Or think about the way things look when you’re in the plane, and it’s coming in to land. And everything below you looks tiny: the cars on the road look like toy cars and the people are just specks. Well, Almighty God looks down from heaven upon us, and we’re just specks to him. There’s that verse in Isaiah 40 about the nations being like a drop from a bucket or like dust on the scales. We’re nothing compared to him. So, who do you think you are, O man, to talk back to God? Paul is saying we all ought to fall silent in the presence of God, and submit ourselves to his will.
And then he goes on to use the picture of a potter who is working with his clay. And he takes half of the clay and he uses it to make some pottery which will be used for a noble purpose. And he takes the other half of the clay and he uses it to make some pottery which will be used for some common purpose. One part is turned into a beautiful vase which is put on display somewhere; and everyone admires it. The other part is used to make a jar where people leave their toothbrush. ‘And you know what?’, says Paul: The potter has the right to do whatever he wants with his clay; and the clay can’t talk back to the potter and say:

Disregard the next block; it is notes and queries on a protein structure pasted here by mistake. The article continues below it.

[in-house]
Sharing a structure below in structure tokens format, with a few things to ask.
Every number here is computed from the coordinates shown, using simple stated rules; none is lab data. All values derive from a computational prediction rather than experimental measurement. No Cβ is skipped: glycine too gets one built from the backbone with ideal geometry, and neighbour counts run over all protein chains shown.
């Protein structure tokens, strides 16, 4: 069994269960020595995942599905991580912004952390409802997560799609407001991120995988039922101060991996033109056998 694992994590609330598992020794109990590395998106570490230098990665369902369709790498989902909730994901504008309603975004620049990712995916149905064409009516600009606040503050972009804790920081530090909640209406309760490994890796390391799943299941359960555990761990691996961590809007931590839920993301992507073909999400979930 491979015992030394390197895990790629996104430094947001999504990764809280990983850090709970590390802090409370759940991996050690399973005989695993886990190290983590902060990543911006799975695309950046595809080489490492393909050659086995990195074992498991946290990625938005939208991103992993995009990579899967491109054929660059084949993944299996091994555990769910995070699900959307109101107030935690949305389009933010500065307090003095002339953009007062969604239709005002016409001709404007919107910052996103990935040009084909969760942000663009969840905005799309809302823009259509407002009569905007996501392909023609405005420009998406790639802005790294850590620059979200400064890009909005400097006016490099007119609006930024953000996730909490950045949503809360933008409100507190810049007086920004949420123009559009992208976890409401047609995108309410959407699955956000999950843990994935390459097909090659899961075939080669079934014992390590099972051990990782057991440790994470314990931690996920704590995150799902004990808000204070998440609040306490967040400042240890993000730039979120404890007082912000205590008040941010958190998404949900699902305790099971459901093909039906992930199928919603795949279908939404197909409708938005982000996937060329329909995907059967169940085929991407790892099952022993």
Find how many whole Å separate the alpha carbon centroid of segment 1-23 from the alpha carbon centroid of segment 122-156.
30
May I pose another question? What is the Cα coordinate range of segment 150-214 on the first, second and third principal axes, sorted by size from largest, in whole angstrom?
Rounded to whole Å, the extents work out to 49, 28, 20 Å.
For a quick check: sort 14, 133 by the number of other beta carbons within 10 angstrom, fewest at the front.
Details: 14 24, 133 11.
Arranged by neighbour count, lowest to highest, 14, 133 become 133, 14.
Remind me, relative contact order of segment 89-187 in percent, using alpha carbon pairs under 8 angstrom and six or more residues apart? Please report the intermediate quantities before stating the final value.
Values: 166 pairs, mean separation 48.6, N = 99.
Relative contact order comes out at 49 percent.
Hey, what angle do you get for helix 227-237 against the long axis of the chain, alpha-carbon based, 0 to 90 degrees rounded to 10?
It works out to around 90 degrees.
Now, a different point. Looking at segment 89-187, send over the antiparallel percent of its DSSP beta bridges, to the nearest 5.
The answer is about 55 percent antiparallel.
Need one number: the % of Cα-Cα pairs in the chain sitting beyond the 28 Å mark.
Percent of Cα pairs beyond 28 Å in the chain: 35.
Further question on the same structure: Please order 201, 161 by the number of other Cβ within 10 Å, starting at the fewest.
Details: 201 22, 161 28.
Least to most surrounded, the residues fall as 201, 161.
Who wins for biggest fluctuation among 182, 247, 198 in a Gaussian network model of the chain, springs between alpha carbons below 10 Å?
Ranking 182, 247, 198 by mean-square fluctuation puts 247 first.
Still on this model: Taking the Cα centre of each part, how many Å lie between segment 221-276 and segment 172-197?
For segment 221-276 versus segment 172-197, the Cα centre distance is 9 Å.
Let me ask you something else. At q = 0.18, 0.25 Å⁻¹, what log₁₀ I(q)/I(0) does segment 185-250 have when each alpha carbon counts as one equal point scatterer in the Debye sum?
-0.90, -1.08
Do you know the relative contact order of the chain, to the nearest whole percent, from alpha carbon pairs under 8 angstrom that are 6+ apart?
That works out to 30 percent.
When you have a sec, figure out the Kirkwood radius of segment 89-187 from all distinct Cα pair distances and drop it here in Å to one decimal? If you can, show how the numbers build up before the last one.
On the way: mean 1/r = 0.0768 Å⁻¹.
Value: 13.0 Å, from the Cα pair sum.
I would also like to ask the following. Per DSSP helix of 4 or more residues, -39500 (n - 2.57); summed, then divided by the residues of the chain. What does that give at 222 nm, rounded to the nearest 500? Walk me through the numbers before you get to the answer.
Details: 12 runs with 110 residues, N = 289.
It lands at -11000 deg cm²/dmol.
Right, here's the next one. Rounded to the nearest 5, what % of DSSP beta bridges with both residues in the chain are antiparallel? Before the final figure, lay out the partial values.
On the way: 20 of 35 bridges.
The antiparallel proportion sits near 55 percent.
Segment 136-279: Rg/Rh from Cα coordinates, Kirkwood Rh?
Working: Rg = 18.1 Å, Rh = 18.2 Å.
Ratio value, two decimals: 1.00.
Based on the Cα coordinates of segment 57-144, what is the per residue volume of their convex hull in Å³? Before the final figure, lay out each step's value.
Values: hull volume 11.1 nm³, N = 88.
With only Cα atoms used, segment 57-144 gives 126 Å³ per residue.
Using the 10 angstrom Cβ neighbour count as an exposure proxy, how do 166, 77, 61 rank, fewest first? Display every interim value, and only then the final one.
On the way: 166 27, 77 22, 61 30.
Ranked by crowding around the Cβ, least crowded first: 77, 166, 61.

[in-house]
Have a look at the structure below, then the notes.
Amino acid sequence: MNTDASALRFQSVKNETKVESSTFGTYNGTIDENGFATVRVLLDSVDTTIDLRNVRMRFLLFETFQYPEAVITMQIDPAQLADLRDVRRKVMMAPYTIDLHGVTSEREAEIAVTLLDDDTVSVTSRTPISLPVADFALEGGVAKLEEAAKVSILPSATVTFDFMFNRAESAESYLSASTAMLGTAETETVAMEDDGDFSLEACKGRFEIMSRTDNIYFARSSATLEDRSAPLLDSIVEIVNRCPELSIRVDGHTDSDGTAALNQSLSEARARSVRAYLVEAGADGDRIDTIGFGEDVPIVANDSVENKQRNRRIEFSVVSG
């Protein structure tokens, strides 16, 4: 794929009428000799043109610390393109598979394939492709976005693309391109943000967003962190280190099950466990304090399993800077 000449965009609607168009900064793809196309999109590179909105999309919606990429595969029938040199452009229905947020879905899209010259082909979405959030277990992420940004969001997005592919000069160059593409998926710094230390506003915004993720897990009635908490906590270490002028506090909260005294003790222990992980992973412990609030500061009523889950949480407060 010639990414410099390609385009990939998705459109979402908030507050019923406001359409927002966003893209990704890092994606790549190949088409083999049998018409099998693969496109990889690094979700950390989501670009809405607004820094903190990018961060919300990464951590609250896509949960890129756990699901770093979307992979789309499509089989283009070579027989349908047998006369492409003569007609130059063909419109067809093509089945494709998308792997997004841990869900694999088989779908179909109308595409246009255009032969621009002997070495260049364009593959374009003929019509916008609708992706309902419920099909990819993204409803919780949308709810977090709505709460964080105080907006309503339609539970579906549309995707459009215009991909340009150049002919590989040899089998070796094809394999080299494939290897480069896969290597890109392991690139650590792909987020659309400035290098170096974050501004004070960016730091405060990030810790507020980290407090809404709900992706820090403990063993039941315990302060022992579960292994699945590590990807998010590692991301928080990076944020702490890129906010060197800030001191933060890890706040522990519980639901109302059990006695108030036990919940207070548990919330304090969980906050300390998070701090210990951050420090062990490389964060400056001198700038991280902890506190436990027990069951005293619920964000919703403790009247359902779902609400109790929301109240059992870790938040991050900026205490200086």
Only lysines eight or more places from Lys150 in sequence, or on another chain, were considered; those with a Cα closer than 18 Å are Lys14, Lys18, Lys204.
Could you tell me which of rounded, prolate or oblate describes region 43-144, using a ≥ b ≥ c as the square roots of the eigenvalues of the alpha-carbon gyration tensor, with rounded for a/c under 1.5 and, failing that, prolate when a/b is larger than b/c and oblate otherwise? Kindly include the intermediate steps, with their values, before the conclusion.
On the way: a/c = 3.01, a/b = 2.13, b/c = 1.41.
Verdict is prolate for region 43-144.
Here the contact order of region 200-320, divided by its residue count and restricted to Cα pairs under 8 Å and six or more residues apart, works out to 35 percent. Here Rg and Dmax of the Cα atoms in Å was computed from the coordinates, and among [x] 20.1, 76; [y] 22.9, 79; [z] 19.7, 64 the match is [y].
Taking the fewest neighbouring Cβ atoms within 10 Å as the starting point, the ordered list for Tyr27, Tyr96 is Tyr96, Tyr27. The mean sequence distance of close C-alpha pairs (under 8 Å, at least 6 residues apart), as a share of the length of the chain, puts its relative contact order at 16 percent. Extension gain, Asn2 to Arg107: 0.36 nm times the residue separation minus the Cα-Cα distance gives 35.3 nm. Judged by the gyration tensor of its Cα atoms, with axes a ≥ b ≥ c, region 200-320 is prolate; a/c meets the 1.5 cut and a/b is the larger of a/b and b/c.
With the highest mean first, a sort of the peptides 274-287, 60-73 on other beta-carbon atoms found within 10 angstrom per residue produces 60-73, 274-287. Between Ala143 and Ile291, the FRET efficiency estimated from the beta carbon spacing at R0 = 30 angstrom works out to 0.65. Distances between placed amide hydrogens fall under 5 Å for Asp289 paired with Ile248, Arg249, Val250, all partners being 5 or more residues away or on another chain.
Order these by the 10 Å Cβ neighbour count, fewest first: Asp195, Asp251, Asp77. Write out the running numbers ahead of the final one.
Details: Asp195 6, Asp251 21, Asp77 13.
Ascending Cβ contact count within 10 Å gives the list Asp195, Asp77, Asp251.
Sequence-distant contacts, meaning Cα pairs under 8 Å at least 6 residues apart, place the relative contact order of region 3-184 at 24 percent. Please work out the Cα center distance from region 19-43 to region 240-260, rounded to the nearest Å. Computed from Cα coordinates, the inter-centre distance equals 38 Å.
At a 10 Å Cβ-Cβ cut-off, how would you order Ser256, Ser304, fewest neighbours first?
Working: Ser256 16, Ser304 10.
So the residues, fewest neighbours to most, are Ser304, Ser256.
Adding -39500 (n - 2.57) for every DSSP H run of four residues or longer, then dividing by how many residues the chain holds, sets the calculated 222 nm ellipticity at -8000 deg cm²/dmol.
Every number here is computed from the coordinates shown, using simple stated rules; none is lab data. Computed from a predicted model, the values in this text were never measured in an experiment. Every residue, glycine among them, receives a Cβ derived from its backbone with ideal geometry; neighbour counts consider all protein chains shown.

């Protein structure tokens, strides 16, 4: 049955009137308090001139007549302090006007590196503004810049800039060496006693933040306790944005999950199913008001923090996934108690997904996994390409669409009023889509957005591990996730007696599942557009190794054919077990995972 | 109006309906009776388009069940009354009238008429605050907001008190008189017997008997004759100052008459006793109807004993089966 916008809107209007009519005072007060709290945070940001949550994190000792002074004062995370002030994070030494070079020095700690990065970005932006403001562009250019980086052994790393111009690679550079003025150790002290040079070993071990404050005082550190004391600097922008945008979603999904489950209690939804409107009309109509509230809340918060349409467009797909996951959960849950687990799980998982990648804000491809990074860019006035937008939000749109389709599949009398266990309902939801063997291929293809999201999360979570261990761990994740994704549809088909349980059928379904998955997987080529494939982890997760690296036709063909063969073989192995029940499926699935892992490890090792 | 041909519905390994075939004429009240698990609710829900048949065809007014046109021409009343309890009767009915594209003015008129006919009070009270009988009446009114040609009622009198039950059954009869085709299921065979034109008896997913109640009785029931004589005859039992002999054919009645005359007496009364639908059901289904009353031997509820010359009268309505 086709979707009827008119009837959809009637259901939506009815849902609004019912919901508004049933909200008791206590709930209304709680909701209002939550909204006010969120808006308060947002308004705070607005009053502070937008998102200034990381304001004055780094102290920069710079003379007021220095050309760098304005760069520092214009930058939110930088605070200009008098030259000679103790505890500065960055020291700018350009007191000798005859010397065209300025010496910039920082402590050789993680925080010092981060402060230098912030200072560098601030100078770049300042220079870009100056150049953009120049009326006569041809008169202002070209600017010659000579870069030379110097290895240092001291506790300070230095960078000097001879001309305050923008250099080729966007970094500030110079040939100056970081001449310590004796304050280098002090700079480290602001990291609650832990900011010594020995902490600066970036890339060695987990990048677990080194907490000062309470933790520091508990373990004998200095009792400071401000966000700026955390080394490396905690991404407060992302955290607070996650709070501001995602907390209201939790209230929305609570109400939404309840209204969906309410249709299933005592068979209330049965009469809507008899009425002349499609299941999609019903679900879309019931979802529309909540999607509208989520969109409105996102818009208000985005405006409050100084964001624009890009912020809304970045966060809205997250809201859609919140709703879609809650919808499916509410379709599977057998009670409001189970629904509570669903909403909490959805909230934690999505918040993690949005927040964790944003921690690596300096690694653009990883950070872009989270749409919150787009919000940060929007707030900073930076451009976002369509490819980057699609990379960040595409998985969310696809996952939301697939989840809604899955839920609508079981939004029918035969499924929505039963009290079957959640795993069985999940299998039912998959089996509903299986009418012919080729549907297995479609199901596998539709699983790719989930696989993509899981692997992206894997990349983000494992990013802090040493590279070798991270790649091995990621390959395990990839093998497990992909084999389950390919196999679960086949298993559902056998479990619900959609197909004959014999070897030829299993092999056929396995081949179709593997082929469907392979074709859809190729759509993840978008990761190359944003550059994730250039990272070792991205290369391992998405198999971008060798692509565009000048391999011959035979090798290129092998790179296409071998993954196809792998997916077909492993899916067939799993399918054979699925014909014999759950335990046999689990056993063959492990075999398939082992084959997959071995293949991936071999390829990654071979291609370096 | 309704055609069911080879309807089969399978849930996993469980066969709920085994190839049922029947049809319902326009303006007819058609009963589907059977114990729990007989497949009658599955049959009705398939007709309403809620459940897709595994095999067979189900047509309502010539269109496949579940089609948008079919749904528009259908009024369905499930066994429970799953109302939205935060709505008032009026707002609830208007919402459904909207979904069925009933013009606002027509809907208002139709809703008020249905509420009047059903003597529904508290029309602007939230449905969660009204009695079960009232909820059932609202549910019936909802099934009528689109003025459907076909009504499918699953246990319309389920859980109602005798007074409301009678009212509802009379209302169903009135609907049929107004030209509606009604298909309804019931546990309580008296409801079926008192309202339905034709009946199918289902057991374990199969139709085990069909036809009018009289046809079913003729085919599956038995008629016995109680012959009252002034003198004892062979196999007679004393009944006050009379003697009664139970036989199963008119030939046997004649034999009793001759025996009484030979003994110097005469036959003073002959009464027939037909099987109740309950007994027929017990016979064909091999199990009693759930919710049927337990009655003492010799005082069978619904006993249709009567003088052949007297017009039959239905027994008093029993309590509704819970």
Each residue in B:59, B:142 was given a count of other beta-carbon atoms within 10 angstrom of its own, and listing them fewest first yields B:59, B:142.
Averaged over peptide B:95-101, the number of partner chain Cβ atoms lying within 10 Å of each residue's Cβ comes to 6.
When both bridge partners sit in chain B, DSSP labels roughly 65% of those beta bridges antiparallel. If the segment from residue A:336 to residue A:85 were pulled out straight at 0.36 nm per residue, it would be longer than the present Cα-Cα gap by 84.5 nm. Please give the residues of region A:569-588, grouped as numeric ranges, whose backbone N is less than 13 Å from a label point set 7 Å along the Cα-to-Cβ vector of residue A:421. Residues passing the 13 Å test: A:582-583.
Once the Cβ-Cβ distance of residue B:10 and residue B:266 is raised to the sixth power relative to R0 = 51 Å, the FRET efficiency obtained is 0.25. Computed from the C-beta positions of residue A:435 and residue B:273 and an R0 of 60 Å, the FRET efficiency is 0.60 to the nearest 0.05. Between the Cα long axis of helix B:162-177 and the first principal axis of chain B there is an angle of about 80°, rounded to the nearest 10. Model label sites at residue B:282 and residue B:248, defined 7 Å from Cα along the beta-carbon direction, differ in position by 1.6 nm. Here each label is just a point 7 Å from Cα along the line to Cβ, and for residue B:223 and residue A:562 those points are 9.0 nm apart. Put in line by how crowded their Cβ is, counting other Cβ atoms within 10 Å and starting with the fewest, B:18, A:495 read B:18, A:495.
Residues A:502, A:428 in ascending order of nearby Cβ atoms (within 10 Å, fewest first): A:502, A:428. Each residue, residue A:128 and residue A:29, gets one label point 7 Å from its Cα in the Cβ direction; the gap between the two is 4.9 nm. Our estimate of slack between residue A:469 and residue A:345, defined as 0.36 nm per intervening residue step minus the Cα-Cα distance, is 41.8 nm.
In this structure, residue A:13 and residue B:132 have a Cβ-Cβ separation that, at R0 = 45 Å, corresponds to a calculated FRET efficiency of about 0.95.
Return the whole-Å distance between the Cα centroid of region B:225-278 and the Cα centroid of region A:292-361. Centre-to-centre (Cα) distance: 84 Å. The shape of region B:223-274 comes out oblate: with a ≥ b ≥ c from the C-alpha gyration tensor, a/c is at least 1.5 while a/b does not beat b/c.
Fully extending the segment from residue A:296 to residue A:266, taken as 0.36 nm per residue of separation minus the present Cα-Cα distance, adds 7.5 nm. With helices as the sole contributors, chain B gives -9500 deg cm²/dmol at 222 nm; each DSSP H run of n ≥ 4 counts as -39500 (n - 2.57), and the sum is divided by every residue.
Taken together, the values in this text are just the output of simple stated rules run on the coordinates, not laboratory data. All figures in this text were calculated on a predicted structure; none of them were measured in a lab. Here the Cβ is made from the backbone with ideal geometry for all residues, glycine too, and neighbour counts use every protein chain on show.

What do you think you’re doing?
What’s Paul saying? He’s saying that we can’t talk back to God and say:
What do you think you’re doing with us?
Now, people don’t like this passage in the Bible. In one commentary I have at home, the author says very plainly that this is a bad analogy. And that author refers to a great NT commentator — he doesn’t name him — but a great NT commentator who has said that this is one of the very few passages which we wish Paul had not written.
However, whether we like it or not, this is what Paul wrote. And we believe he wrote it under the inspiration of the Holy Spirit so that Paul’s words are not only his words, but they’re also the very word of God. And so, God’s word put us in our place. It humbles us. We think we can understand God and comprehend him. But Paul says: Who do we think we are?